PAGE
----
A mutual association acts as a clearinghouse for receiving, storing, and disseminating information about individuals involved in employment dishonesty, shoplifting, refund or credit card fraud, and passing bad checks.

Participation in a mutual association provides the member company with the ability to complete an efficient and inexpensive legal inquiry. This inquiry helps to determine if a prospective employee has at any time during the preceding seven years been apprehended for the commission of a theft against any other member company.

James A. Prozzi, a,labor attorney with the law firm Jackson, Lewis, Schnitzler and Krupman in Pittsburgh, and legal counsel for the Employers Mutual Association of Pennsylvania, comments that section 1681h(e) of the FCRA states that no lawsuit for defamation, invasion of privacy, or negligence may be brought against a user or a provider of information unless it can be proven that false information was furnished with malice or willful intent to injure.

This protection is significant, since it exceeds the legal protection against defamation suits under current law in the states in which mutual associations operate for the benefit of employers that use the information.

Prozzi points out that as long as a mutual association limits that data to only admitted or proven acts of dishonesty, it would be difficult or impossible for an individual to prove malice or willful intent based on the dissemination of the information.

Michael W. Aldrich, vice president of loss prevention for the Joseph Home Company in Pittsburgh, states that the mutual association is an efficient and economical way to help reduce theft losses. "The mutual association has been successful in helping us avoid hiring individuals who have been involved in thefts from fellow retailers," he says.

Keith Weiner, former district loss prevention manager for Toys-R-Us in Cleveland, points out that the mutual association program is an excellent resource for protecting a company against employee theft by screening out known thieves before they can be hired.

Why screen applicants? People who have demonstrated past unethical or unacceptable practices, such as stealing or fraud, generally have poor attitudes, exhibit poor performance and work habits, and usually create personnel or morale problems.

Fireman's Fund Insurance Company estimates that at least $67 billion is lost each year to employee cheating and stealing. That includes everything from padding expense accounts to stealing office supplies.

A 1988 US Department of Justice survey indicates that retailers' average cost of employing a dishonest individual is between $4,500 and $5,000. This includes what he or she steals, lost productivity, cost of apprehension, and training a replacement.

The staff of a mutual association is responsible for the day-to-day management and administration of the association. This encompasses receiving, storing, and disseminating information in a proper and timely fashion for the benefit of the association members.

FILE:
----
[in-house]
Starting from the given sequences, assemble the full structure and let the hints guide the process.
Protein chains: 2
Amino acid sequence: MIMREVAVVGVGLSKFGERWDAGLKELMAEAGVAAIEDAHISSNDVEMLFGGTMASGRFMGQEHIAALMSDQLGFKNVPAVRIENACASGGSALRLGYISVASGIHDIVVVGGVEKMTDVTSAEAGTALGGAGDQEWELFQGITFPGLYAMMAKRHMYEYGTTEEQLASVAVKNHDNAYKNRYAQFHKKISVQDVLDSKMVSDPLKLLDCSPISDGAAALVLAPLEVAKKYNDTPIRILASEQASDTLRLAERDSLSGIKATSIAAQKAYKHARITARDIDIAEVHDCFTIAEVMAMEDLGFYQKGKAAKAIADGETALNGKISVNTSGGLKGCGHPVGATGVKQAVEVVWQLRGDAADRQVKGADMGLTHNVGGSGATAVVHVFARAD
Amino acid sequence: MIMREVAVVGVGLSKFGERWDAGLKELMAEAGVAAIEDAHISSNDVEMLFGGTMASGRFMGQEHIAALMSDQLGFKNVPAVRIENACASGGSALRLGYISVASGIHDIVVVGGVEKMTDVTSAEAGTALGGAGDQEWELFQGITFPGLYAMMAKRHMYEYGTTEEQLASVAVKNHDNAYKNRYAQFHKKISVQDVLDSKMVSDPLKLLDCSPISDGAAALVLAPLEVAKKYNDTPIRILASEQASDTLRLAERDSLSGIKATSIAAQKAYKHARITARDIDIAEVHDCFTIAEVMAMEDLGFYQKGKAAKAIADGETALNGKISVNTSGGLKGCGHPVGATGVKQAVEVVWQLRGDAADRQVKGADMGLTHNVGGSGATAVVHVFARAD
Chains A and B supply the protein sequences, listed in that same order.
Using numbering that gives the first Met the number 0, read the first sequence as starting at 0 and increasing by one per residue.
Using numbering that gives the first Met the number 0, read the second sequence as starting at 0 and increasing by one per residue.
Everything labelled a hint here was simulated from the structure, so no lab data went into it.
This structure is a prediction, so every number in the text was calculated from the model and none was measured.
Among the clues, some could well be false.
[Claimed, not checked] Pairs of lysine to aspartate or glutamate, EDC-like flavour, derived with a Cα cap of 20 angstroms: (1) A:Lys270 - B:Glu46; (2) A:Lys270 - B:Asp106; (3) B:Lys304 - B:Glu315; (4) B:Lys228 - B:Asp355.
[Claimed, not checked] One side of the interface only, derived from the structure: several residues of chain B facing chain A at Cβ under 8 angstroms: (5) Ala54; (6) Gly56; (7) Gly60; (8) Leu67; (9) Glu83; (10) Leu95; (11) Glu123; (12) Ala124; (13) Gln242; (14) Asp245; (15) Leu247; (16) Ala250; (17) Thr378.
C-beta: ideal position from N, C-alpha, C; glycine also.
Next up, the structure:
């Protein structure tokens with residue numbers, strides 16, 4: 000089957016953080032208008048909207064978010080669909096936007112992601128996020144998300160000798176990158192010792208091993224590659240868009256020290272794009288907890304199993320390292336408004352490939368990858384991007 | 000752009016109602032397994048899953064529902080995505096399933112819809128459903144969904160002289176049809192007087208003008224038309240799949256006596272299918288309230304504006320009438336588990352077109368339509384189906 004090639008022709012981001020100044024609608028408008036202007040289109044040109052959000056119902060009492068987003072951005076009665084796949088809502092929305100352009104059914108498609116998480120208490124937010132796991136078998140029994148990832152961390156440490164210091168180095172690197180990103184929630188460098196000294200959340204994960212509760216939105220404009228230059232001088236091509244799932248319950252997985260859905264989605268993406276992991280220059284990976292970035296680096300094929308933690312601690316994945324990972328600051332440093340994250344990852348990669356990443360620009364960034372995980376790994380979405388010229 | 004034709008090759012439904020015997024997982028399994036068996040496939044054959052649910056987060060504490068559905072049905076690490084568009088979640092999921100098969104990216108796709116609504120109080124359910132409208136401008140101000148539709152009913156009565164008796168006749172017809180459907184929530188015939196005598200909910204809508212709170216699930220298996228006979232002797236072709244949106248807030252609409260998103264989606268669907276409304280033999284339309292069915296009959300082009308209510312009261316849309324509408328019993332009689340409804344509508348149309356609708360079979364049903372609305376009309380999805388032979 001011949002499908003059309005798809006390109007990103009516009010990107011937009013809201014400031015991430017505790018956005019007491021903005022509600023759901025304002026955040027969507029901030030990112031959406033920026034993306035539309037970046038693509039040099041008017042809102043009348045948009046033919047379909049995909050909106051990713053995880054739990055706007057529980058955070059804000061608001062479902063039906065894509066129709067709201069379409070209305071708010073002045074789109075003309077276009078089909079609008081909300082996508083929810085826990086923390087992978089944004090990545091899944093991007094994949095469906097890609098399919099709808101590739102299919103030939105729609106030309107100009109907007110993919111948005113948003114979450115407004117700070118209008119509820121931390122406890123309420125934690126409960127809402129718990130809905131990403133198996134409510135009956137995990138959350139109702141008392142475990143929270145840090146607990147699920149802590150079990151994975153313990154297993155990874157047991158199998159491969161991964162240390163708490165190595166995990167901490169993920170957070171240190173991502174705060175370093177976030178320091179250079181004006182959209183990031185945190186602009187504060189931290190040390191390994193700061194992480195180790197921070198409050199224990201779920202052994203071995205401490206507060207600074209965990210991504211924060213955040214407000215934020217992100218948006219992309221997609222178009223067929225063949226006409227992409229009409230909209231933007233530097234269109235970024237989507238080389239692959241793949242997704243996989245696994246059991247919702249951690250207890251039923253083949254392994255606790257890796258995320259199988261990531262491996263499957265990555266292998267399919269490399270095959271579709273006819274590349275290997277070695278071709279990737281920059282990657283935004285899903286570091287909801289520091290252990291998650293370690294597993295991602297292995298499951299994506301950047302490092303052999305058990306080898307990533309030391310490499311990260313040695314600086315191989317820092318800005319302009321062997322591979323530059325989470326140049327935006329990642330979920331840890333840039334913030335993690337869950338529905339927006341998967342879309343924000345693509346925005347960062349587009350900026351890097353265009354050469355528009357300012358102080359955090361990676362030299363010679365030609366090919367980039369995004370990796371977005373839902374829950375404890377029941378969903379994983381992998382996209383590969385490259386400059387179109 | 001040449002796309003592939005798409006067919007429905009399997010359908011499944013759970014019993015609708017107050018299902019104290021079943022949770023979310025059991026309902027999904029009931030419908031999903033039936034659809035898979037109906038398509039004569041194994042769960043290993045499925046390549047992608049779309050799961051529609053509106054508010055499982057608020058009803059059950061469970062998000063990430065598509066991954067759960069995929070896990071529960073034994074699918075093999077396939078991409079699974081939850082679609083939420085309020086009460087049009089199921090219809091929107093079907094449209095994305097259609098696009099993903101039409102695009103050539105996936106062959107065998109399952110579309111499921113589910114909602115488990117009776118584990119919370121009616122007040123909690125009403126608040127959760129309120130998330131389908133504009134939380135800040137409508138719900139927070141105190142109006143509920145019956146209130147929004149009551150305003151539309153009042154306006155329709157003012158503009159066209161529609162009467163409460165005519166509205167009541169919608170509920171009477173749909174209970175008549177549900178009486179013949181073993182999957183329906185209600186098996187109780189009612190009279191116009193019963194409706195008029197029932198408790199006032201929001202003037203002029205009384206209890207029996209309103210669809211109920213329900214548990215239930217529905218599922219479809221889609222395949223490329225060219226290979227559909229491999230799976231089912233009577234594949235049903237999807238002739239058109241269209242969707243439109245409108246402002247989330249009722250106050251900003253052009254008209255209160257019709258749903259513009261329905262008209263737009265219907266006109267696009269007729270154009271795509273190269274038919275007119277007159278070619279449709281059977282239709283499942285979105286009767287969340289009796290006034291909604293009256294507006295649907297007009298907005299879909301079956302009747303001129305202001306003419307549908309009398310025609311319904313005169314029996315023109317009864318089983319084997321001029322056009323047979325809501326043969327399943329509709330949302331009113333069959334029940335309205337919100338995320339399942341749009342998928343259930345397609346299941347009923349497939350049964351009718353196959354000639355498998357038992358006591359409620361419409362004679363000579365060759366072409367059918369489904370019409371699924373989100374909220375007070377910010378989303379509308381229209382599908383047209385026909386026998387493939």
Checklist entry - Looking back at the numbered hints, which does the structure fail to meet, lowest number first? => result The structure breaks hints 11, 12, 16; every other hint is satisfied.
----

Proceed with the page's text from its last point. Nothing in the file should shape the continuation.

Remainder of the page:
The accuracy and verification of all information passing through a mutual association is an important responsibility. Strict procedures adherent to the FCRA must be observed by the association at all times to protect member companies.

Member companies are provided employment inquiry forms, which are completed by each prospective employee. (See the accompanying example.) Upon receipt of the completed form, the mutual association searches to see if the individual is on file and, if so, forwards a hard copy follow-up report to the member company.

The member company, under the guidelines of the FCRA, then must inform the individual of the information on file and allow the individual to contact the mutual association directly if he or she chooses.

Additional safeguards, such as member code numbers and code names, are established in advance to ensure that information is disseminated only to authorized member company executives.

Typically, mutual associations charge an annual membership fee. This fee covers such expenditures as insurance and administrative costs and is usually based on the number of employees in the service region. Additional nominal fees are charged for conducting employment inquires.

Using this employment screening process to ferret out individuals with a history of dishonesty is a primary step in preventing a high-risk individual from entering or reentering the system. The mutual association is a resource that deserves consideration during the preemployment screening process.

Mutual Associations

Around the Country

Mutual associations serve approximately 60 to 70 percent of major metropolitan areas throughout the United States, includes the following:
Atlanta, GA Houston, TX Pittsburgh, PA
Baltimore, MD Los Angeles, CA St. Paul, MN
Chicago, IL Miami, FL Tampa, FL
Cleveland, OH New York, NY Washington, DC
Columbus, OH Philadelphia,
Detroit, MI PA

Robert H. Ralicki is president of Executive Management Services Inc. and Employers Mutual Association, both in Pittsburgh. He is a member of ASIS.
COPYRIGHT 1992 American Society for Industrial Security
No portion of this article can be reproduced without the express written permission from the copyright holder.
Copyright 1992 Gale, Cengage Learning. All rights reserved.

Article Details
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Title Annotation:Special Supplement: A Consumer's Guide to Retail Security; alternative method of employee selection and screening
Author:Ralicki, Robert H.
Publication:Security Management
Date:Mar 1, 1992
Previous Article:Survey of shoplifters.
Next Article:What's in store with EAS.